PRESCHOOL CHILDREN’S STRENGTHS AND DIFFICULTIES AS PREDICTORS OF URINARY CONTROL DIFFICULTIES
S. Tatalović Vorkapić 1
, M. Slaviček2
, D. Napijalo3
1University of Rijeka, Faculty of Teacher Education (CROATIA)
2University of Zagreb, Faculty of Education and Rehabilitation Sciences (CROATIA)
3KIndergarten Rijeka (CROATIA)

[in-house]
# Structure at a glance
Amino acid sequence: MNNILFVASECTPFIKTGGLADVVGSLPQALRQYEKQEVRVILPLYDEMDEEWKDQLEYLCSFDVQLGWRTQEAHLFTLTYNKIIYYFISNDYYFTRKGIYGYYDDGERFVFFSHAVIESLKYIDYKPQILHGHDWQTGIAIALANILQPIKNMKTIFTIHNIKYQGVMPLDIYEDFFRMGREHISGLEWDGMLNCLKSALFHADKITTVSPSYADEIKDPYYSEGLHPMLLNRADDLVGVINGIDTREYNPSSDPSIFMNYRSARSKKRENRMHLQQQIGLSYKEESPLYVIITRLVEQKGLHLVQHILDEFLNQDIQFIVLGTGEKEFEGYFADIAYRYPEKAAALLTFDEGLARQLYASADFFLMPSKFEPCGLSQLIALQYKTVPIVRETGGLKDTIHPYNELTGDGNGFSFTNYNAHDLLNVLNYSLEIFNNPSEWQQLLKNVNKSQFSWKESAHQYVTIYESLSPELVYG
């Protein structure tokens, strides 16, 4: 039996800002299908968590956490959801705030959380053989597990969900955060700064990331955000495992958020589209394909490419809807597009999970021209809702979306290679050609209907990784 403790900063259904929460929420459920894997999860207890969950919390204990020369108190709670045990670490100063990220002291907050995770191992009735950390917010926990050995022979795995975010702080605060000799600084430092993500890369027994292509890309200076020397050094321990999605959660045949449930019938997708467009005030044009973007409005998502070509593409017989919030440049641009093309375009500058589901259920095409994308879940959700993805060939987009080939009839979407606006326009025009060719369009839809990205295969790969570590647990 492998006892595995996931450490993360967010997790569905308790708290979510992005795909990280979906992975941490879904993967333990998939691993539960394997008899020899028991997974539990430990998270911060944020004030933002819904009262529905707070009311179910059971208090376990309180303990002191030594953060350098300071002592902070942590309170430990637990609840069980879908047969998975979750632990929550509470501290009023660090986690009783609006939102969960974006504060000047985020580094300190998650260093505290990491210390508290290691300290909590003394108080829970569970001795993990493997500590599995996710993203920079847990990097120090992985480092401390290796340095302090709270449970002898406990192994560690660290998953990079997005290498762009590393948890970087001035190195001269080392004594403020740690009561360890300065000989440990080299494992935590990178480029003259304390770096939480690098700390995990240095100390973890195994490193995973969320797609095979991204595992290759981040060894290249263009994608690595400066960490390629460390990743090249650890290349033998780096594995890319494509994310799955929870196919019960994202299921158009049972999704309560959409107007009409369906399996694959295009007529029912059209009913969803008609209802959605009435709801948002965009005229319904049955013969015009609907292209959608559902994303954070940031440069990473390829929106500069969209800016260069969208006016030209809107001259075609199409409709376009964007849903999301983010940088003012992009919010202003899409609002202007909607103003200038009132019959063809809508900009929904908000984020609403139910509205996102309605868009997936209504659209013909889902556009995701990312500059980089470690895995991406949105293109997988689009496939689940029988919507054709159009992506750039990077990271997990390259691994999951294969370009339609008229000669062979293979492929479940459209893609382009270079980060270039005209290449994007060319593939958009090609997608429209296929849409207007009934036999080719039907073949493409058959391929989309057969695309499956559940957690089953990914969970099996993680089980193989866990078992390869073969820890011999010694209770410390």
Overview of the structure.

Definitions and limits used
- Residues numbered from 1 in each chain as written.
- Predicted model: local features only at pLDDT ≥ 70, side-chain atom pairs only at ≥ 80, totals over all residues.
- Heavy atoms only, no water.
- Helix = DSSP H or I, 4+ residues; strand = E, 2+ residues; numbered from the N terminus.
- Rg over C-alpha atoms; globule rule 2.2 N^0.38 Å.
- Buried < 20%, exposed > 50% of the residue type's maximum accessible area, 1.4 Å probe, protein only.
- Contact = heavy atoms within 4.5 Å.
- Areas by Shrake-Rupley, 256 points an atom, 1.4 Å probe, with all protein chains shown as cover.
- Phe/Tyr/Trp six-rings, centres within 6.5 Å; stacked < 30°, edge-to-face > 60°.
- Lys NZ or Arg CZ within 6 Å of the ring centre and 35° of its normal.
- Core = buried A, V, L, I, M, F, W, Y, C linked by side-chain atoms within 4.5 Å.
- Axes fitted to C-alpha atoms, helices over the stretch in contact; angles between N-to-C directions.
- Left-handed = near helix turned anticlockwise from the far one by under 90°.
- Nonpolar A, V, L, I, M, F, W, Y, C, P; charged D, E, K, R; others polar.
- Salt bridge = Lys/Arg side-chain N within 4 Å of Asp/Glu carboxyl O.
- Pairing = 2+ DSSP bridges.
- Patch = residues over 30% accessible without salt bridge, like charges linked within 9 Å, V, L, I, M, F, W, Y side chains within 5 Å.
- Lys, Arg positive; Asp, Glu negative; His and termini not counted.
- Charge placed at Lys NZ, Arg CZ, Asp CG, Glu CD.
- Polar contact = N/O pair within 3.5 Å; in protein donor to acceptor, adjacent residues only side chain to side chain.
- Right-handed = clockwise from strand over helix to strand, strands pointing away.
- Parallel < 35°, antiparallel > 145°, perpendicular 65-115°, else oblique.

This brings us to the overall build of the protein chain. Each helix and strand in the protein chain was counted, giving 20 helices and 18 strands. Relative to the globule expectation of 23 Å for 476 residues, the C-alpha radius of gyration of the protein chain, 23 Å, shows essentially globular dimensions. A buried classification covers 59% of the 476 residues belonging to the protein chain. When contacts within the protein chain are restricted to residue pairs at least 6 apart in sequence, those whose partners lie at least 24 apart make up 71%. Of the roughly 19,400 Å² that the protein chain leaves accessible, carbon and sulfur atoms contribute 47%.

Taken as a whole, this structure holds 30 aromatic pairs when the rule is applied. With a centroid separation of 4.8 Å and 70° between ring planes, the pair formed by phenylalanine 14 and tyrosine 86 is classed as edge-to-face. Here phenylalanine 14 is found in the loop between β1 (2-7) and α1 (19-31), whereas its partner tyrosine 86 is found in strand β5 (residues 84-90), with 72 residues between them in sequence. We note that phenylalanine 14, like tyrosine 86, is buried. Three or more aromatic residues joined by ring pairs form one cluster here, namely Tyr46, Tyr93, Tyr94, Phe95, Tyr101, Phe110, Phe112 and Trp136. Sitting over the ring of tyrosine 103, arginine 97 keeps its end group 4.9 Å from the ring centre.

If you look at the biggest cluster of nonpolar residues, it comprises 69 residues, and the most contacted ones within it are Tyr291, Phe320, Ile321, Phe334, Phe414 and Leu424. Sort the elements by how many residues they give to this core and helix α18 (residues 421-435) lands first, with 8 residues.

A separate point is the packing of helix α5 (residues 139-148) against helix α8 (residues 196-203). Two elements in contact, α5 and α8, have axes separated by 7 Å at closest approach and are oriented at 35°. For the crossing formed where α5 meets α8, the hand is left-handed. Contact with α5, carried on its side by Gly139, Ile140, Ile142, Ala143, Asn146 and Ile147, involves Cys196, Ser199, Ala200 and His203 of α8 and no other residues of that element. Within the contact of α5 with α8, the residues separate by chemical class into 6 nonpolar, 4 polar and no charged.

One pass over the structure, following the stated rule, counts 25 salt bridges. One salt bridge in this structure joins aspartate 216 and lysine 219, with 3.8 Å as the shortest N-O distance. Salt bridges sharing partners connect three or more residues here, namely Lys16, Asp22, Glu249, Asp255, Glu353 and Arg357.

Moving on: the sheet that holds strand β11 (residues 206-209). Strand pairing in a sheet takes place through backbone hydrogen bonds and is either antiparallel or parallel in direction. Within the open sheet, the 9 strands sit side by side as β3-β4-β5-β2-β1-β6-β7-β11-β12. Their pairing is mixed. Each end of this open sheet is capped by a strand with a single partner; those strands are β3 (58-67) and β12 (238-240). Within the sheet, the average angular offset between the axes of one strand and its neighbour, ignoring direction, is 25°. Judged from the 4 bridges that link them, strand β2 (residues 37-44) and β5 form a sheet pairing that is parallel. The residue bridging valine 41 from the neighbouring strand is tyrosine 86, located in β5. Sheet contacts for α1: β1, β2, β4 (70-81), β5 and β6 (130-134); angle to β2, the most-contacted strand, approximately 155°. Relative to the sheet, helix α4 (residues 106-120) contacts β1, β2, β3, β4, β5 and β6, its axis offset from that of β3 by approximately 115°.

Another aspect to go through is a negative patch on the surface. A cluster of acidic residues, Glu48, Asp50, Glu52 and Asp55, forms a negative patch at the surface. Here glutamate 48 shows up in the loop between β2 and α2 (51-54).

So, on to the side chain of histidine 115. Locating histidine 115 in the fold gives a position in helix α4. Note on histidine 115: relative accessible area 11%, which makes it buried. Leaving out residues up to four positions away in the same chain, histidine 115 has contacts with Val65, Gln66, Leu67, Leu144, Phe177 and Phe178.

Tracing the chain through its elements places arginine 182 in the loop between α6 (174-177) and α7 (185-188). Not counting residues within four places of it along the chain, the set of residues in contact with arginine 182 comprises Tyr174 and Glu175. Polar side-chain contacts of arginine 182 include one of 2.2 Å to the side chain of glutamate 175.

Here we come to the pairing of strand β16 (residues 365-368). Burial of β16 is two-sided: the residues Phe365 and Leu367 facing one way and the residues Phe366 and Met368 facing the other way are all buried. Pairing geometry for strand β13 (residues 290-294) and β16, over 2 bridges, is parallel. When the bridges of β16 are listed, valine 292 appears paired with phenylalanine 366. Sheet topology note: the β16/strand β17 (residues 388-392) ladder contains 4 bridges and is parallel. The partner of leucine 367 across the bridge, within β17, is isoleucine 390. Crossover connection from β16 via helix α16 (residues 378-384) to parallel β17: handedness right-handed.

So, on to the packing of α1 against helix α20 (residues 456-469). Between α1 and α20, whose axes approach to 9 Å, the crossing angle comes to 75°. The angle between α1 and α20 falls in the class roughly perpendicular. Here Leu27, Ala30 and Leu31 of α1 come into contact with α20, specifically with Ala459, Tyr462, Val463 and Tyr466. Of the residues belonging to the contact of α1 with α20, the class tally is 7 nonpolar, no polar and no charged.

Within a broad socio-emotional development of children of early and preschool age, some specific developmental tasks should be accomplished with the aim of successful overall children’s development and well-being. One of the significant developmental tasks during that period is related to the adoption of basic hygiene habits and the control of urination. These developmental tasks are especially challenged within the transition periods in children’s lives. During early and preschool developmental stage, diurnal or nocturnal urinary difficulties and bed-wetting could occur, which could consequently result in prolonged incontinences or enuresis in a certain number of children. Although there are a number of significant physiological correlates of successfully established bladder control, very few studies address the psychological correlates. They have shown a significant correlation between behavioral problems and significantly greater difficulties in establishing bladder control. Therefore, the primary objective of this study is to examine the relationship between diurnal urinary difficulties and bed-wetting with the psychological strength (prosocial behaviour) and difficulties (hyperactivity, emotional problems, behavior problems and peer problems) of preschool children, and to what extent it is possible to predict successful bladder control based on these psychological characteristics of children. Applying a general questionnaire on the adoption of urinary habits and the Strengths and Difficulties Questionnaire, 29 early childhood educators from six kindergartens evaluated 461 children (220 girls) with an average age of M = 5 years (SD = 1.17). Conducted correlation analyses showed significant positive correlations between diurnal urinary difficulties and all psychological difficulties, and a negative correlation between diurnal urinary difficulties and the strength of preschool children, i.e., prosocial behaviour. Significant predictors of diurnal urinary difficulties, both in the awake state and during daytime sleep, were shown to be the age of children, their conduct problems, and peer problems. Determined findings are discussed within the framework of practical implications in the work of early childhood educators with the aim of enhancing children's well-being by providing early childhood educators’ support.